Here's what the ESV hullabaloo is about
[the Living Bible, the NIV, and now] the ESV make the Bible even more evangelical than the original biblical texts already were.Phil caught this, as I imagined some readers might, and asked the appropriate followup:
Wayne could you give some examples of where specifically this is true in the ESV?I then replied:
Yes, I would be glad to do this, Phil, but it will take some time to gather the details. I started the process yesterday soon after I posted that comment which I figured would prompt followup questions such as yours, appropriately so.I had hoped to begin a series of blog posts on this topic this afternoon, but before I started that, I spotted a post on Phil's blog asking So, What is All of this Hullabaloo About the ESV? I've decided first to respond to this important post and then to begin my other series. I'm tired right now, and it takes less energy for me to respond to someone else's comments than to do the necessary research to post quality blogs of my own. First, I want to thank Phil for posting his questions. They are good ones to ask and to be answered. I will do my best to answer them. And it is appropriate that I answer since the way Phil worded some of his post, I suspect that he was asking questions about comments I have made on this blog about the ESV. I'll try to be thorough (Uh oh! Warning: this could be another one of my lengthy ones!). Where I leave something out or misspeak, I hope that others will chime in and fill in what is missing or in error. I won't quote all of Phil's post, since it is nearly as long as some of mine become (!!), but I'll excerpt his questions and respond.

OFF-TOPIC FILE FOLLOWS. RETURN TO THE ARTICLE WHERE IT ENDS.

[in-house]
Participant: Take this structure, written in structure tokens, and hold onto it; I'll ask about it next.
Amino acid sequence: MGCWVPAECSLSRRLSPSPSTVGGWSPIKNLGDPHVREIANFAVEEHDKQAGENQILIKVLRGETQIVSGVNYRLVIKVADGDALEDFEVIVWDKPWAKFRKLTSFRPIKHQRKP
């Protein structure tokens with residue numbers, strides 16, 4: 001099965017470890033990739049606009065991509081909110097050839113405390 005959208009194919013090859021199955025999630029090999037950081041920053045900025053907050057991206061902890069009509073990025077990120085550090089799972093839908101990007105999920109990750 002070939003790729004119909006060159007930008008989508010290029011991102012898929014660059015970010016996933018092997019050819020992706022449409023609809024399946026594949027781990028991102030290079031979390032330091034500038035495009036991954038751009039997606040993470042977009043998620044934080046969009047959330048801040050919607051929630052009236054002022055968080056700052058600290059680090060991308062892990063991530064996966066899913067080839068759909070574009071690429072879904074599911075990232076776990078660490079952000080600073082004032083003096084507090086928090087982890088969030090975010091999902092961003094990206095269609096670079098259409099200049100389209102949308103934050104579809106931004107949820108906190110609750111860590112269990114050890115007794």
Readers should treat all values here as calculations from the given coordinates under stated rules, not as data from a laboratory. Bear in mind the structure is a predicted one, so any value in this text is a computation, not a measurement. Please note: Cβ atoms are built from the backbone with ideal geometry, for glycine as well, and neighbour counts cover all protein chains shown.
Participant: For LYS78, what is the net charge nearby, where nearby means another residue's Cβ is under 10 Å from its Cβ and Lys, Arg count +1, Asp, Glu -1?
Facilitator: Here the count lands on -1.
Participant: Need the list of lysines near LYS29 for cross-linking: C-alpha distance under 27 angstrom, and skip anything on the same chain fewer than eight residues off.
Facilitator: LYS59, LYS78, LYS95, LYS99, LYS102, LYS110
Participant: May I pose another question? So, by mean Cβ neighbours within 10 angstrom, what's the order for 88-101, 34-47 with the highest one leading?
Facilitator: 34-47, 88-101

One frequently complained about issue with the ESV is this reverse negative thing.Right, Phil. This has come up in some reviews of the ESV. You can see all the reviews of the ESV that I am aware of on my ESV links webpage.
I believe it has to do with, for example, instead of saying, “ I do not like something” I say, “I like it not” or something like this.Yes, you have correctly stated the difference, Phil.